Jobs at IU Find your place at Indiana University. Explore faculty and staff positions on our seven campuses for a healthy, enriching, and balanced work life.
Photo Story: IU Traditional Powwow The IU Traditional Powwow was a traditional experience of dance and music of Native American culture.
Happy to announce that our webstore is fully operational. For anyone looking to order one of our Indigenize Indiana tshirts, come check it out.
Remember that 100% of the profits goes to supporting programs with the language and culture departments from these communities we worked with to develop the shirts.
Indigenize Indiana T-Shirt Description Indigenize Indiana Shirt: a unisex red T-shirt featuring "Indiana University" written in one of the Indigenous languages of Indiana's Native communities on the front and the Indigenize Indiana logo on the back. Graphic designed by Matt Trussell.
Attn: powwow will be moving inside next Saturday, April 9.
Video Deb Haaland Talks Indian Boarding School Initiative U.S. Interior Secretary Deb Haaland spoke with ABC News about her probe into the Indian boarding school era and how her own family's boarding school history impacts her work.
Excited about our upcoming powwow!
Enjoying Violet Duncan’s presentation at the IU School of Ed.
Welcome! You are invited to join a webinar: Open Access Publishing and the Future of Native and Indigenous Studies. After registering, you will receive a confirmation email about joining the webinar. The University Press of Kansas will be hosting a virtual discussion on Kansas and Native American and Indigenous Studies (NAIS) featuring Indigenous scholars Sarah Deer, Kiara Vigil, and Farina King, and moderated by Tai Edwards. This event also marks the completion of Kansas Open Books (KOB), an in...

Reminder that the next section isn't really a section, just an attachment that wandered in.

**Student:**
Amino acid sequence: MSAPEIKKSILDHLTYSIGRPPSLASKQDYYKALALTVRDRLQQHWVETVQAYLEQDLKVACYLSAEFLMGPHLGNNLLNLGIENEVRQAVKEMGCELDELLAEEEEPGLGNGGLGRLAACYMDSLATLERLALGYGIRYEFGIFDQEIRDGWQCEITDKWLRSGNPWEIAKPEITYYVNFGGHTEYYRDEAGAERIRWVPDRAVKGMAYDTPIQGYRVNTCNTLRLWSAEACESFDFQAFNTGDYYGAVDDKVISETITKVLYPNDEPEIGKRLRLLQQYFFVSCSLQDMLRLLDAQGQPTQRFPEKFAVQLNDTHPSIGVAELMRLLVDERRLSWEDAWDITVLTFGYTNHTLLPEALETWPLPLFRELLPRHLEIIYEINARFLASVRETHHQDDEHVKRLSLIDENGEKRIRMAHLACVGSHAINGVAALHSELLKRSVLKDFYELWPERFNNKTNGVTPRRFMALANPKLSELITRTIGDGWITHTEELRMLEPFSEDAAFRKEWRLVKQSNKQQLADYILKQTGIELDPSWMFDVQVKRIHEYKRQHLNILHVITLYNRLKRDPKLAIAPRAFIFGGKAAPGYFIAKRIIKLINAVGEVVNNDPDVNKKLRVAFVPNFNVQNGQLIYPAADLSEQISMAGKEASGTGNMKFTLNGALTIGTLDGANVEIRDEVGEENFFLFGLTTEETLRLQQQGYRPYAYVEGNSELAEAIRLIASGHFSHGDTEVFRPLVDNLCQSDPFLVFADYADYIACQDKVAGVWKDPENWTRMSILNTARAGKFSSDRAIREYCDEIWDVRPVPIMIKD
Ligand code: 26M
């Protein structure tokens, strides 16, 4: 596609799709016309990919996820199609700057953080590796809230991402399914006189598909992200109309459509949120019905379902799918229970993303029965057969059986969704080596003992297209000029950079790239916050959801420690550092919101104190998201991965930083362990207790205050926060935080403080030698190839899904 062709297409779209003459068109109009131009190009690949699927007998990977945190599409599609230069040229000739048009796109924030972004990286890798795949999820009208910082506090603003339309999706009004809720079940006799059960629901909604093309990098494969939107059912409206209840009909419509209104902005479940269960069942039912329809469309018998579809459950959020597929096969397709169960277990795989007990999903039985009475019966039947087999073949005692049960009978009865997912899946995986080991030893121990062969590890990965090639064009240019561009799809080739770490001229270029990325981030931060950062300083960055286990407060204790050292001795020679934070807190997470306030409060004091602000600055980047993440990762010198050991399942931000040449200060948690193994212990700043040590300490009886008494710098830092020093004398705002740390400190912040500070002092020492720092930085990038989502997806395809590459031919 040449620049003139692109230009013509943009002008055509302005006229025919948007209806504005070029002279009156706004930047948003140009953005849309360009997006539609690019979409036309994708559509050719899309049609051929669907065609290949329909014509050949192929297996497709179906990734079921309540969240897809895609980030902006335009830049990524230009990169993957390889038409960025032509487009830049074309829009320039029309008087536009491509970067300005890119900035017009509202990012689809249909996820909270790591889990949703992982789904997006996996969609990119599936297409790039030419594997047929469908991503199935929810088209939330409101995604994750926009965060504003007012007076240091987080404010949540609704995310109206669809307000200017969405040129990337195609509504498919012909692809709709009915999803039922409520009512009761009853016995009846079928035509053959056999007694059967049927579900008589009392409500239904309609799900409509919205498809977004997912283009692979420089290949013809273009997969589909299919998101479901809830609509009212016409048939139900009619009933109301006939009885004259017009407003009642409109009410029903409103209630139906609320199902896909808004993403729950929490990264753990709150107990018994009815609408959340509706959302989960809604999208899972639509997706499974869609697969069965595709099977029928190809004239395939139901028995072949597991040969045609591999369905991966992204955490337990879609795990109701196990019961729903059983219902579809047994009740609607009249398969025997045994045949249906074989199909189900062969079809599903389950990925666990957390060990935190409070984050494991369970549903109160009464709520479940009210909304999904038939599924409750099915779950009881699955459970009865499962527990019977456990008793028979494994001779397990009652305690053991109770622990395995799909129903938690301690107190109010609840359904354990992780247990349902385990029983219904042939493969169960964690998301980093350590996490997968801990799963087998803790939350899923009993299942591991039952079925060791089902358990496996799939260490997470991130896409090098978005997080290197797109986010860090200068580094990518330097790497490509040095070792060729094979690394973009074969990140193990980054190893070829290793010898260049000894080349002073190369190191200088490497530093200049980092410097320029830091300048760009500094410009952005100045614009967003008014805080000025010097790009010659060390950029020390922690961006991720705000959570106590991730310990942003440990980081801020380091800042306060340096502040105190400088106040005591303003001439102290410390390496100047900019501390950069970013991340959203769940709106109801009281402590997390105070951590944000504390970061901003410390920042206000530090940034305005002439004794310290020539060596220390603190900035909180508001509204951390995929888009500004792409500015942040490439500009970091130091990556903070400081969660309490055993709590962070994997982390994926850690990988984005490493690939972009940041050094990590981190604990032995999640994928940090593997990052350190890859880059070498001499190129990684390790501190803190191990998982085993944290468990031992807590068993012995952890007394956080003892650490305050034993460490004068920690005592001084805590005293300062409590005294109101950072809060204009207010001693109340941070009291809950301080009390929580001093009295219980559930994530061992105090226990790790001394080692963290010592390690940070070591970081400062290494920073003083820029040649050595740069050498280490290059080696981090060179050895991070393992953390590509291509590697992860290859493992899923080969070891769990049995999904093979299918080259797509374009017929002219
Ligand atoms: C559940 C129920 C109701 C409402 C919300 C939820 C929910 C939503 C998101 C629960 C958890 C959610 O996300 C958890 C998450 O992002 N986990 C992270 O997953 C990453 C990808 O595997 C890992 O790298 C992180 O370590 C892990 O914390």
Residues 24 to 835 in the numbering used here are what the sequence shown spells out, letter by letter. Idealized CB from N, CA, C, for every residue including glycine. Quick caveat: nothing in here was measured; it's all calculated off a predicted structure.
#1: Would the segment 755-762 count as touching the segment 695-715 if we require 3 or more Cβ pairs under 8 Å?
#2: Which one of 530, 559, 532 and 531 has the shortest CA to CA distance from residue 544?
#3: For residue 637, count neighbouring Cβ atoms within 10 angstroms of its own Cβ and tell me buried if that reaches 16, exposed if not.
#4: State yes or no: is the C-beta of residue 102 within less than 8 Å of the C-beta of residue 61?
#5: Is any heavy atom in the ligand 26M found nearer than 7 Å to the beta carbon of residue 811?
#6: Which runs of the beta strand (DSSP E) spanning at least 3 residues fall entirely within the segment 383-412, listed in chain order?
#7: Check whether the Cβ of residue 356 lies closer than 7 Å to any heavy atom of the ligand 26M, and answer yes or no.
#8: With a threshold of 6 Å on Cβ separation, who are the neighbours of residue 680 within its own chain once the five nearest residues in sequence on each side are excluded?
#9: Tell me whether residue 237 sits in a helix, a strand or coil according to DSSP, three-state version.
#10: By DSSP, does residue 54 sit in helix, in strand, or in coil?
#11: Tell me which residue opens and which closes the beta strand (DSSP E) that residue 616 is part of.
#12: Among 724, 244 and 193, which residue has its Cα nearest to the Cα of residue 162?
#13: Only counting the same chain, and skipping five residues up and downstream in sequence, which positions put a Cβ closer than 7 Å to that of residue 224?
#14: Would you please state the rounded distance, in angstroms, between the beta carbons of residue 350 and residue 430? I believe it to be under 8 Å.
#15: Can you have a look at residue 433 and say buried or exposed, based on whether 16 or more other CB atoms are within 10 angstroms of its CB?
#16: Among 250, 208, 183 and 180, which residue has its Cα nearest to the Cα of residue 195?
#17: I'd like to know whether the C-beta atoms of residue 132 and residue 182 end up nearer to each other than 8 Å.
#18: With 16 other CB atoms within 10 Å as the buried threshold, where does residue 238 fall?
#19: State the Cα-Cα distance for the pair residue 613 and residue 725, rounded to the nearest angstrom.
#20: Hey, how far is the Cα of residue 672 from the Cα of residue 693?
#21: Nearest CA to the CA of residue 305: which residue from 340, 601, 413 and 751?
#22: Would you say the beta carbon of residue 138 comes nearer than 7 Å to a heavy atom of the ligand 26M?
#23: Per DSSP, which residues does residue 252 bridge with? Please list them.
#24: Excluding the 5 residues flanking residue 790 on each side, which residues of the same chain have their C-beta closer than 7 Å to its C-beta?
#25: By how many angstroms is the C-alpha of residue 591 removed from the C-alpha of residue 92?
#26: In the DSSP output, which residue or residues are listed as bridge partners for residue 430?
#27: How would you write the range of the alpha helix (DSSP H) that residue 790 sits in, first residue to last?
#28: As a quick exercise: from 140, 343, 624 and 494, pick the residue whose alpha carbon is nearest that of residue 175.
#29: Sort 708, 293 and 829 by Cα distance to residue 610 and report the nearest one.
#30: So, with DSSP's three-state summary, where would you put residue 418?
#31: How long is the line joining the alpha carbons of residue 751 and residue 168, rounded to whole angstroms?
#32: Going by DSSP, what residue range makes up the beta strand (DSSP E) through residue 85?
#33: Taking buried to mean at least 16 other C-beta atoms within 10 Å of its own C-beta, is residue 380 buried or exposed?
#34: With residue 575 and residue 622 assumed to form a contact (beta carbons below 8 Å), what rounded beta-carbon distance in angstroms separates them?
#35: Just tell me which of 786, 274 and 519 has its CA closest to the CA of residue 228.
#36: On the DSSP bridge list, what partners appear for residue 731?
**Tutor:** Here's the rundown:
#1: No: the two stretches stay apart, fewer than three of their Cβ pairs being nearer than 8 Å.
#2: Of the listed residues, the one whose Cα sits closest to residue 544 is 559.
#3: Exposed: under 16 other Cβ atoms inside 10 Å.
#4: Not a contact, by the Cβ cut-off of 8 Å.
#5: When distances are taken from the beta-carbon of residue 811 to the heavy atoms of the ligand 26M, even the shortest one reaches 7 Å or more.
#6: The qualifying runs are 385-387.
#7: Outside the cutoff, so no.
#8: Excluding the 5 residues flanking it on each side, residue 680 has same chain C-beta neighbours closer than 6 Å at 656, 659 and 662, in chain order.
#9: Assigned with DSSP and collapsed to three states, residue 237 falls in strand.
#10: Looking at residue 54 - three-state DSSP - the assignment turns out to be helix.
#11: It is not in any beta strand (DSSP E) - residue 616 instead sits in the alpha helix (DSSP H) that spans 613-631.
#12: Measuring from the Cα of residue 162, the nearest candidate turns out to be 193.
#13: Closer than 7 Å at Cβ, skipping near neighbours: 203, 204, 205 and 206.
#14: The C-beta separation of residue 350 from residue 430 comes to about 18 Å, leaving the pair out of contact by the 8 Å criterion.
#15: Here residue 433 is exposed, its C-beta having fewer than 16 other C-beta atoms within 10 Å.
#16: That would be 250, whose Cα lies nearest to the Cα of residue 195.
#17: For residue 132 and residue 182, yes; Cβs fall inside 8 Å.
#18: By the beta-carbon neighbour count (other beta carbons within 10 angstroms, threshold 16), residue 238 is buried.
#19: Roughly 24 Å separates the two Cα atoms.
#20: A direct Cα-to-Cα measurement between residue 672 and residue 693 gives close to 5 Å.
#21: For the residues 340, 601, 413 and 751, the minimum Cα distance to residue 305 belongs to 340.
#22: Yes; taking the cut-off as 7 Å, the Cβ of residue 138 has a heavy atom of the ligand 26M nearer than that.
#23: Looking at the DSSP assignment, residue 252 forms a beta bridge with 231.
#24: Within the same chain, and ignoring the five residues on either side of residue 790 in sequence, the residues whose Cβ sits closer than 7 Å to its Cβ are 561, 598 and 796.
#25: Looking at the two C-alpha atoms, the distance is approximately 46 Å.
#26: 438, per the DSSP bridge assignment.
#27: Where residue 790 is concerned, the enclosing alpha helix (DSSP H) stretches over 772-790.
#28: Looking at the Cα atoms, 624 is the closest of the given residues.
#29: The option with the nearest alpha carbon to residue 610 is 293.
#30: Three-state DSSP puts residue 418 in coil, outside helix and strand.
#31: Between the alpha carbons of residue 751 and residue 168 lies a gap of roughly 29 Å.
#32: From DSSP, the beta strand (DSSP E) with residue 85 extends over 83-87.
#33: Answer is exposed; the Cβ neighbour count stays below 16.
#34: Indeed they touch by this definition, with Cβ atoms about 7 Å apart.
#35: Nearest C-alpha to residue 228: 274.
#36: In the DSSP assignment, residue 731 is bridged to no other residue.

This rancher believes her land was stolen from Native Americans. She’s making amends Beth Robinette, left, owner of the Lazy R Ranch, and LaRae Wiley, executive director of the Salish School of Spokane, have come together to bring students to the ranch to harvest plants and medicines. Beth says she’s “trying to be a less sh*tty white person.” Credit: Ashley Ahearn This rancher...
March is , and to celebrate, CPN is highlighting just some of the many women who are positively impacting our Tribe and the broader community. Today, we're highlighting the CHC's very own Dr. Kelli Mosteller, who plays an integral role in connecting Tribal members to Potawatomi history.
Dr. Kelli Mosteller has served as the Director for the Citizen Potawatomi Nation Cultural Heritage Center since 2010. She recently led her team in a multi-year renovation of the CHC’s exhibit. She also administers all activities involving the Native American Graves Protection and Repatriation Act for CPN and is the Tribal Historic Preservation Officer.
The Heritage Center has won numerous awards both locally and nationally under her direction, including being recognized as a Top Ten Native Cultural Center in the U.S. by the Association of Tribal Archives, Libraries, and Museums in 2020. She earned her Ph.D. in History with a focus on Native American history and Indigenous Studies, from the University of Texas at Austin.
A descendant of the Ogee and Weld families, Dr. Mosteller is honored to serve her tribal community. She is most passionate about connecting with Citizen Potawatomi tribal members and providing them more opportunities to learn about their families. Following so many years of federal policy toward Native Americans focused on assimilation and erasure of our culture, Dr. Mosteller believes that it is vitally important for Tribal members to be engaged in the learning, sharing and preservation of our history and culture.
Commemorative events such as Women’s History Month are important to Dr. Mosteller as a reminder to make sure that we are doing everything we can to preserve and promote the history and accomplishments of women in our communities. “Elevating the stories of, researching the experiences of, and promoting equality for women must always be a priority if one really wants to understand the world we live in,” she says. WHM is an opportunity to do more in-depth programming and bring everyone’s attention to these histories annually.
Denmark says sorry to children of failed experiment Six surviving Inuit Greenlanders taken from their families in 1951 speak about their ordeal.
An event coming up at Morgenstern Books
Storytelling and Book Signing with Violet Duncan A reading with Native American storyteller and author, Violet Duncan